Sanchez fired 10 shots, killing French and critically injuring French’s parents.

After the encounter, French’s family came forward to explain that French was nonverbal, intellectually disabled, and diagnosed with schizophrenia. Family members said French had no history of violence but had recently been prescribed a new medication.

A security camera in Costco captured part of the encounter, but a court order barred its release until a grand jury decided against an indictment on Wednesday. Unfortunately, the video, which can be viewed here, is not terribly illuminating. It does not show Sanchez shooting French, but it does show French and a family member falling—likely his father, who said he attempted to intervene between his son and Sanchez—to the floor as Sanchez, off-screen to the left, shoot at them.

It is worth noting that the video appears to show the Frenches as moving away from Sanchez and not attempting to move aggressively toward him. And Riverside County District Attorney Mike Hestrin has said that less than four seconds elapsed between the point where French knocked Sanchez down and Sanchez got up and began shooting. Today, the Los Angeles Times reports that Sanchez was 20 feet away from the men when he began shooting, while still sitting on the floor after being knocked down.

Hestrin could decide to prosecute Sanchez even without the grand jury indictment. But he does not intend to, because 12 of the 19 members of the grand jury said they didn’t see enough evidence to justify charges.

Meanwhile, the LAPD is doing its own administration investigation to determine whether Sanchez’s decisions were appropriate under department policy.

Everybody involved in the shooting sees this as a tragedy, and nobody is arguing that French deserved to be shot and killed. The question is whether Sanchez’s use of lethal force was justified given the situation.

Would this response be the same if Sanchez were not a police officer? California political leaders are quick to implement tight gun controls and to give officials the power to seize citizens’ weapons. It’s hard to fathom a Californian who is not part of law enforcement getting to shoot an unarmed man in a massive store while people ran away screaming without so much as a slap on the wrist.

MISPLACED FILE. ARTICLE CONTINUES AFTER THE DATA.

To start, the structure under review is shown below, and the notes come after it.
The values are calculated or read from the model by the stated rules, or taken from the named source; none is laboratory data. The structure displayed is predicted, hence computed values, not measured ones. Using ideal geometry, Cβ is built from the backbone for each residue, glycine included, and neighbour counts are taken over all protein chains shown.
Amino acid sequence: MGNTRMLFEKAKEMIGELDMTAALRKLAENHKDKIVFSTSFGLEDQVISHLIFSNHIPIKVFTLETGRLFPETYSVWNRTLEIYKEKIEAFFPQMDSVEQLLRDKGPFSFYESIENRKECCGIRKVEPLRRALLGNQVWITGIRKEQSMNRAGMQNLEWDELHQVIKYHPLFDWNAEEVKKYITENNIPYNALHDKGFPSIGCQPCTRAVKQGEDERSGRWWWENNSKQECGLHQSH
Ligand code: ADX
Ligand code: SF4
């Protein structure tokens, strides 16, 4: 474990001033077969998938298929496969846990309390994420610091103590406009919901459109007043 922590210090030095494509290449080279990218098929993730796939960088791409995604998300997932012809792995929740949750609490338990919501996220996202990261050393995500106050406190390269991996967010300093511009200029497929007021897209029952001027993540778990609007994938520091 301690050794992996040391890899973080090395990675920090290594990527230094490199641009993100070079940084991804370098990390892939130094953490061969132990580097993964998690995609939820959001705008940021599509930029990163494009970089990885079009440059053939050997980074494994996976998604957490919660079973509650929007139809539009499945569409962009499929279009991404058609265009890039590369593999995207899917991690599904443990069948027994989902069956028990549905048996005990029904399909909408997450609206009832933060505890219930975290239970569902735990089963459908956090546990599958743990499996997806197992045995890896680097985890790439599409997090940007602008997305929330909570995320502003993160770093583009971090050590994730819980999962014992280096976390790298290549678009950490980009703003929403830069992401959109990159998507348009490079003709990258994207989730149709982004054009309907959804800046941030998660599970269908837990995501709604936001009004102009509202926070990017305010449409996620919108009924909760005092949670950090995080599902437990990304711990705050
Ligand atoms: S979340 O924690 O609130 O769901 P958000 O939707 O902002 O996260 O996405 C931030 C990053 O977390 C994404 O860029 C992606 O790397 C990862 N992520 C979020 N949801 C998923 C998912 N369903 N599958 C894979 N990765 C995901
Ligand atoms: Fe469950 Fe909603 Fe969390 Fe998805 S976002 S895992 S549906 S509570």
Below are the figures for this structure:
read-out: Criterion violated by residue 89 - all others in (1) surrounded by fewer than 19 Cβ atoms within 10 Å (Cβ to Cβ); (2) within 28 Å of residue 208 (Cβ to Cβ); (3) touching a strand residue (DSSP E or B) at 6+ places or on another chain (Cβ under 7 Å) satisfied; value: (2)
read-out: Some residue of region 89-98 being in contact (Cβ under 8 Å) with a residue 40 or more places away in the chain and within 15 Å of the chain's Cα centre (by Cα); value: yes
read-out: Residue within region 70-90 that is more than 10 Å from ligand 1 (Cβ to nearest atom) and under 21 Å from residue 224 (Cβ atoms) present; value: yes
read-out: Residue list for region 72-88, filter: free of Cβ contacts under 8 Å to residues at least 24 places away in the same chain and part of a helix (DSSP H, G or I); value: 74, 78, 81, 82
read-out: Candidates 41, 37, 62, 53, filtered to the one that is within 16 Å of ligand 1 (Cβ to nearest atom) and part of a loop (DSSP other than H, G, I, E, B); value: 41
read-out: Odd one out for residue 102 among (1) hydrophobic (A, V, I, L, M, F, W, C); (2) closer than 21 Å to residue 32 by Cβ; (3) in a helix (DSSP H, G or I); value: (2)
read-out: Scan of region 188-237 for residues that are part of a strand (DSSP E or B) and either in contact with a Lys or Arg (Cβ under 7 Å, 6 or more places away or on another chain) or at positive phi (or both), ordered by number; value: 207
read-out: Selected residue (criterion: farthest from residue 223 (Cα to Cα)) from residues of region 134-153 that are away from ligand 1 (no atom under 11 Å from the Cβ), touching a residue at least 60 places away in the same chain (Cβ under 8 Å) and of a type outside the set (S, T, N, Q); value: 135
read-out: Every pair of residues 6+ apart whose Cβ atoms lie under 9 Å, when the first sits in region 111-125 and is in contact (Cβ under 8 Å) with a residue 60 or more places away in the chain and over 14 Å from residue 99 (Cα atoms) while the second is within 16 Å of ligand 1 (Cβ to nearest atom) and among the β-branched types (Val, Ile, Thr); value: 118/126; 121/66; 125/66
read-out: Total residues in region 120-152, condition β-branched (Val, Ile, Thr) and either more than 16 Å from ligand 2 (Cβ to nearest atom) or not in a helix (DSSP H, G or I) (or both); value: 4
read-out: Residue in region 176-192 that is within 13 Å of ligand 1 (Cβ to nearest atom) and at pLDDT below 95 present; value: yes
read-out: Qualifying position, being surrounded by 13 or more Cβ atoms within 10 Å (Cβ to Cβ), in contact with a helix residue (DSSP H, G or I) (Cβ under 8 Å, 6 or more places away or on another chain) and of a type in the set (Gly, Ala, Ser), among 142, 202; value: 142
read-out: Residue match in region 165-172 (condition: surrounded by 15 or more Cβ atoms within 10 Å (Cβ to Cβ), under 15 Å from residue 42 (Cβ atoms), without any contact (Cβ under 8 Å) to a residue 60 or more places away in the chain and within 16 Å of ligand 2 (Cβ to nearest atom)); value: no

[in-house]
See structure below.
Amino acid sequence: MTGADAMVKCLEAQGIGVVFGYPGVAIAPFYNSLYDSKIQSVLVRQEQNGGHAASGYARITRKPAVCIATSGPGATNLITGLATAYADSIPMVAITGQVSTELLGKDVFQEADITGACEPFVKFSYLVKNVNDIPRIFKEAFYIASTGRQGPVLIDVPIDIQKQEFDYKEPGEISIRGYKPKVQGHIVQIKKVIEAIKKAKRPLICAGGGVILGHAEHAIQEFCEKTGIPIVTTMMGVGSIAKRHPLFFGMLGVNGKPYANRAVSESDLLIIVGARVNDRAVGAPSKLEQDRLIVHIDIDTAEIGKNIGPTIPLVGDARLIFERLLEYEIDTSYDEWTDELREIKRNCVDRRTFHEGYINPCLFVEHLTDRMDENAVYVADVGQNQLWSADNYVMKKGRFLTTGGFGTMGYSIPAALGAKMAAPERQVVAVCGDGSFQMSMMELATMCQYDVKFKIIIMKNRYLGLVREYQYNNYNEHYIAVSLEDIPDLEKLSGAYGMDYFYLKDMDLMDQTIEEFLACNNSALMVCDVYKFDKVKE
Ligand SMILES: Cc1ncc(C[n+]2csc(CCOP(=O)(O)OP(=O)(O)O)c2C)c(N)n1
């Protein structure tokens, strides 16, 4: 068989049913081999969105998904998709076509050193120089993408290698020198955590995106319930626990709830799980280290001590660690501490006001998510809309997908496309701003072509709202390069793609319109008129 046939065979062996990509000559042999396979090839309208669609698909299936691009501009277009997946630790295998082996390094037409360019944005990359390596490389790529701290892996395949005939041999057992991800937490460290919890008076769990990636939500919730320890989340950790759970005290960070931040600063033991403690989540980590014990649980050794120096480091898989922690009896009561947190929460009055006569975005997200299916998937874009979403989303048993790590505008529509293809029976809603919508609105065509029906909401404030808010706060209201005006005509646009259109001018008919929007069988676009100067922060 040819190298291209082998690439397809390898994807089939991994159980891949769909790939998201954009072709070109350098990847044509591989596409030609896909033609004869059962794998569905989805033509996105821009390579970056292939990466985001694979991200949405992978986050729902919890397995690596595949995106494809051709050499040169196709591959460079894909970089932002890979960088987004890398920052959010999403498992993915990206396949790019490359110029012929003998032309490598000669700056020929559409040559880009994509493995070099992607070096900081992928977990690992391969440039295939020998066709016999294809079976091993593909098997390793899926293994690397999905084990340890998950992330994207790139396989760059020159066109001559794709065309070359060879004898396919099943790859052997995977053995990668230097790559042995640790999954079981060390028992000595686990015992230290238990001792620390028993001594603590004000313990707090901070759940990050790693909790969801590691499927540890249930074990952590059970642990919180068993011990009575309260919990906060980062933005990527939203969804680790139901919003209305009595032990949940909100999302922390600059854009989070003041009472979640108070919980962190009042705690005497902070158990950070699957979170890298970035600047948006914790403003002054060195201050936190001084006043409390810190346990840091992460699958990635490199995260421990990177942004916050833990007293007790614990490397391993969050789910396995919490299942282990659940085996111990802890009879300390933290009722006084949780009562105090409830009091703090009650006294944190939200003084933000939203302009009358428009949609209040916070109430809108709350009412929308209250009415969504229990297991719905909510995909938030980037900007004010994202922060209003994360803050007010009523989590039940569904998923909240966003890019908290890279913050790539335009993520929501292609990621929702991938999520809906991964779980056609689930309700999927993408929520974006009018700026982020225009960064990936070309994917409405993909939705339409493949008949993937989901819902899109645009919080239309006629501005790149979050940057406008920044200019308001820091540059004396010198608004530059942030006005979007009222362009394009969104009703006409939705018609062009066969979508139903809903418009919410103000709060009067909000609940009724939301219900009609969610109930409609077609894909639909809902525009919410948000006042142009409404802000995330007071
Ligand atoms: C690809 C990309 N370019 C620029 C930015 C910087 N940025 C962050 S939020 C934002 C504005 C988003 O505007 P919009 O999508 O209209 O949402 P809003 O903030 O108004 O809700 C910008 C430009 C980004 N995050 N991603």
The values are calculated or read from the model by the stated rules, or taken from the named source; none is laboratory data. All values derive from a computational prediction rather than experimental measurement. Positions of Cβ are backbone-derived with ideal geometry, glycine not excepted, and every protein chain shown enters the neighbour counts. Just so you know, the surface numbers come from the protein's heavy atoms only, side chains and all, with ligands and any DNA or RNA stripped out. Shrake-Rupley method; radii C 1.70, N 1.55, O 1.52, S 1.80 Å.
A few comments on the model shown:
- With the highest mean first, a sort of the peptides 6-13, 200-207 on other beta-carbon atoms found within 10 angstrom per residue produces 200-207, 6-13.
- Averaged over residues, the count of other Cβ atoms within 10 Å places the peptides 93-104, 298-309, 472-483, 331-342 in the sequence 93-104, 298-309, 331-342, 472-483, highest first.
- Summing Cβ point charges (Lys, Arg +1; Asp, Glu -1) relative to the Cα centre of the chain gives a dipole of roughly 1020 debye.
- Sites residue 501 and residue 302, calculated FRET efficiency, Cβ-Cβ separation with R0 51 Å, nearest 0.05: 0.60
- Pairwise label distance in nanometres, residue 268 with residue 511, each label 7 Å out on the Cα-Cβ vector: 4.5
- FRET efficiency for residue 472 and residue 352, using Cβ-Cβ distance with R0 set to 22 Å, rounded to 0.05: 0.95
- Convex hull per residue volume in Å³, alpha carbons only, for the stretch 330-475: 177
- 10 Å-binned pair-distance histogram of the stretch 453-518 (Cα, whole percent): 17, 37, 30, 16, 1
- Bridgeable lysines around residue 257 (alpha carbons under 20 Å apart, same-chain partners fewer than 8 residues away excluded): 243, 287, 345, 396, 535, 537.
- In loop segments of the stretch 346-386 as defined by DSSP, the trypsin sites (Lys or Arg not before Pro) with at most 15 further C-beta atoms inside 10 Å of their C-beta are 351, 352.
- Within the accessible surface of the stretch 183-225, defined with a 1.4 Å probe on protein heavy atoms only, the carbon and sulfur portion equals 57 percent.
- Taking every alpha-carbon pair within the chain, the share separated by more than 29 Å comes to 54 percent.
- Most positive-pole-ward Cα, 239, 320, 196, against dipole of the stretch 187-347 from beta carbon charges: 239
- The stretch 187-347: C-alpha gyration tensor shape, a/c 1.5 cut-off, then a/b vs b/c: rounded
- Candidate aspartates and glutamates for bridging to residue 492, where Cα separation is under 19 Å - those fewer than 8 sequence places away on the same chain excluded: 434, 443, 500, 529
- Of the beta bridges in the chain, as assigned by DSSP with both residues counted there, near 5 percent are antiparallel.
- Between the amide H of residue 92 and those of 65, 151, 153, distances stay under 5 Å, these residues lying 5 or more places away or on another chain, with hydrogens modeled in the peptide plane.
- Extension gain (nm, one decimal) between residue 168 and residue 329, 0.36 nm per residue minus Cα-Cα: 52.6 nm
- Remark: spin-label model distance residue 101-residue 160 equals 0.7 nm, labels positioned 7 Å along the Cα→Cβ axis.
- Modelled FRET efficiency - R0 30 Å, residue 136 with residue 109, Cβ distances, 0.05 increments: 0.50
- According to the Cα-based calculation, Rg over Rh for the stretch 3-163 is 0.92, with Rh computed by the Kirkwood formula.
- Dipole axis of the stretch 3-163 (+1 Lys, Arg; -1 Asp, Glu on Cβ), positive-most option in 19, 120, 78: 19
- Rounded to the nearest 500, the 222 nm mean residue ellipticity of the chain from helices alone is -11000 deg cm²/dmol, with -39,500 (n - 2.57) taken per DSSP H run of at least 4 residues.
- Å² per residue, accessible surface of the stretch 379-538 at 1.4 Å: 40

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President Donald Trump and Prime Minister Shinzo Abe of Japan have reached a deal that promises to cut tariffs and boost trade between the two nations. That’s good news. But the agreement is also a disappointing reminder of a better deal that could have been.

The pact, announced Wednesday, is an undeniably positive development for American businesses and a rare pro-trade maneuver from the Trump administration. Japan agreed to reduce or eliminate tariffs on many American agricultural exports, including beef, pork, corn, and some fruit. In return, the U.S. will reduce tariffs on Japanese industrial products, bicycles, flowers, tea, and other items. The deal also bars either country from raising duties on digital products, such as streaming videos, music, and video games.

A joint statement issued by the two leaders states that the agreement is a step toward settling other tariff-related issues—a signal that Trump’s threat of hitting Japanese-made cars with tariffs could be off the table now.

“This is a huge victory for America’s farmers, ranchers, and growers,” Trump said at a press conference announcing the deal. “And that’s very important to me.”

Indeed, increasing access to Japanese markets could be a $7 billion boost for American farmers—who have been hit particularly hard by Trump’s trade wars, which have sharply reduced exports to China. But American farmers could already have had greater access to Japan, and to a number of other countries around the Pacific Ocean, if Trump had not yanked America out of the Trans-Pacific Partnership (TPP) shortly after taking office.